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Tuesday, 7 June 2022

More Israeli natural gas in the pipeline

Egypt could soon be receiving more gas as Israel prepares to start production at disputed field: Israel could increase gas exports to Egypt and Jordan in the coming months as it moves to start production at the disputed Karish gas field in the eastern Mediterranean. Karish owner Energean said yesterday that it had moved a floating production, storage and offloading ship to the area, a move which Israeli Energy Minister Karine Elharrar said would position the country as a “natural gas power” and allow it to increase exports to Egypt.

The gas will start flowing within four months: Energean said that gas will start flowing by the end of 3Q after the ship has been installed and the pipeline tested. This will make Karish Israel’s third gas field, joining Tamar and Leviathan, which both export gas to Egypt.

Lebanon isn’t happy: Lebanon yesterday issued a warning to Israel against drilling at the field, part of which Beirut claims is within its maritime territory. President Michel Aoun said that the ship had crossed into disputed territory and any activity would be interpreted as a “hostile act.” Caretaker Prime Minister Najib Mikati said he would invite a US mediator to Beirut to talk about “completing negotiations” that began in 2020 over the territory to prevent any “escalation,” adding that Lebanon is seeking to marshal UN support for its stance, Reuters reports.

Israel denies that the ship is operating in disputed territory, with Harrar saying that the move “unequivocally” does not encroach on Lebanese waters and dismissing the likelihood of the dispute escalating.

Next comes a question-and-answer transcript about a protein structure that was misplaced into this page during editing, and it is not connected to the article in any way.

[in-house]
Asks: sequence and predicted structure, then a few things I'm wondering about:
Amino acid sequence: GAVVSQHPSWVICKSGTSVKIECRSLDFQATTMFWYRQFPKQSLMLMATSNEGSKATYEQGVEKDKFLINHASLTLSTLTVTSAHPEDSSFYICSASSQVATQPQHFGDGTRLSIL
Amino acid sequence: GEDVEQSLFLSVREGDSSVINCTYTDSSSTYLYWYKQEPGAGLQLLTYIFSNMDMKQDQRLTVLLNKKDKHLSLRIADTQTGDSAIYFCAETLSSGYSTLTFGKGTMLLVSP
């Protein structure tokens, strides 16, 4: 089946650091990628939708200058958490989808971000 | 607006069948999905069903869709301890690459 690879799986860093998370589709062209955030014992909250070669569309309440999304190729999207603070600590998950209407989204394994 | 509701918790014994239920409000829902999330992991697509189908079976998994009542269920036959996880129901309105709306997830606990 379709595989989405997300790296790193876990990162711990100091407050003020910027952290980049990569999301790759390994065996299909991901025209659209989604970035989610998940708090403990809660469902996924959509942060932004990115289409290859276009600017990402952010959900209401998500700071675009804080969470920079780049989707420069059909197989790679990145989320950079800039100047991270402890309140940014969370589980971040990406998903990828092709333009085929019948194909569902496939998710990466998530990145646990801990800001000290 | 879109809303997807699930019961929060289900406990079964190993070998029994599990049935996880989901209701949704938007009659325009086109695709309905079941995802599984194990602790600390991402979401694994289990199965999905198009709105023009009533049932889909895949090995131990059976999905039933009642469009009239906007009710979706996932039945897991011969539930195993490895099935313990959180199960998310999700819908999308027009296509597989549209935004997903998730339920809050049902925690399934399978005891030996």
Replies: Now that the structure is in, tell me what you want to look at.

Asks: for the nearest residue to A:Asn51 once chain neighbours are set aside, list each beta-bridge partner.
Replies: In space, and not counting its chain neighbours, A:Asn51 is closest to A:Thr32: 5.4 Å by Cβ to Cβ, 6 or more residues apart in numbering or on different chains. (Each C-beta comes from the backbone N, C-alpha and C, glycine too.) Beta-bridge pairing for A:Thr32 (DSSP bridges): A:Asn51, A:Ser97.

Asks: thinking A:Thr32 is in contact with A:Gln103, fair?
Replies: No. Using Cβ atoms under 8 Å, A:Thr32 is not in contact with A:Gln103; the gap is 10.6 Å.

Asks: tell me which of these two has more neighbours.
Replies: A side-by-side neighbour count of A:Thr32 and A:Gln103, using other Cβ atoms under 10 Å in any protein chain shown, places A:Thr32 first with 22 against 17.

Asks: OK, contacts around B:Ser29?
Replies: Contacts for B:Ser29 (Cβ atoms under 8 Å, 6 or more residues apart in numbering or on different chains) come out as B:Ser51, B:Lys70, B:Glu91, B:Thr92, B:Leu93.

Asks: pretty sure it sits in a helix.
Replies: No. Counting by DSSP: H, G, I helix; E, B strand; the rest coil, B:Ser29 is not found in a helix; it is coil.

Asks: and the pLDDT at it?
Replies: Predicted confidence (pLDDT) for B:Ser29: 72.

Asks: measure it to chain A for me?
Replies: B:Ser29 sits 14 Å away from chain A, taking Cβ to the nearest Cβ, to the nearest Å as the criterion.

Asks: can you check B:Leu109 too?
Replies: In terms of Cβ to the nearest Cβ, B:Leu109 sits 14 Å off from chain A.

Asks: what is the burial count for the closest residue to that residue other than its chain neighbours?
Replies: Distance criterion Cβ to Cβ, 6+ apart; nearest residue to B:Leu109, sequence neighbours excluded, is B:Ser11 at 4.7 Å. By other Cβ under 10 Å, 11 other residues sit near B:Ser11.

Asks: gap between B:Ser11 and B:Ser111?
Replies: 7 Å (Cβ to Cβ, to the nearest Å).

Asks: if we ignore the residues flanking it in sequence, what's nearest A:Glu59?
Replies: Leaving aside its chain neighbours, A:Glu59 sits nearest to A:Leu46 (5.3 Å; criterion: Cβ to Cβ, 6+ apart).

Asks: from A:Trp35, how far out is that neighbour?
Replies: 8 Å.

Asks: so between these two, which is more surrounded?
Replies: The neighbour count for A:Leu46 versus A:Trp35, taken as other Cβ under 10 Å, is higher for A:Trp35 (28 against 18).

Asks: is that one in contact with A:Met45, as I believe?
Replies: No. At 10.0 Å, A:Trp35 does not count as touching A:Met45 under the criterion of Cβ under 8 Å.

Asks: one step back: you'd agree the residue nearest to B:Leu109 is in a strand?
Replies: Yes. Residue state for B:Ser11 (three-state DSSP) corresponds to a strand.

Israel + Egypt are looking sell into Europe’s energy crisis: The two countries are expected to sign an agreement with the EU later this month to increase gas exports across the Mediterranean as the bloc looks for new suppliers to replace Russia. The EU has pledged to ban most imports of Russian oil by the end of the year and says it will fully phase out use of Russian gas by the end of the decade. Russia currently provides some 40% of the EU’s annual gas consumption.

We need more capacity: Egypt is looking to build new LNG terminals and pipelines to up export volumes to Europe. We should break ground on a gas pipeline to Cyprus this year and we’ve held talks with Greece about laying pipelines between the two countries. We have only two liquefaction plants and there are currently no pipelines linking us to Europe. In a plan released earlier this month, the EU said it will invest EUR 12 bn in pipelines and LNG facilities to increase gas supplies from other producers such as Egypt and Israel.

Refresher: Israel currently ships gas to Egypt via the Eastern Mediterranean Gas pipeline that runs between Ashkelon and Arish, which has an approximate annual capacity of 7 bcm. It recently began exporting gas to Egypt via the Arab Gas Pipeline for the first time, with exports targeted at 2.5-3 bcm this year, potentially increasing to 4 bcm in the future.

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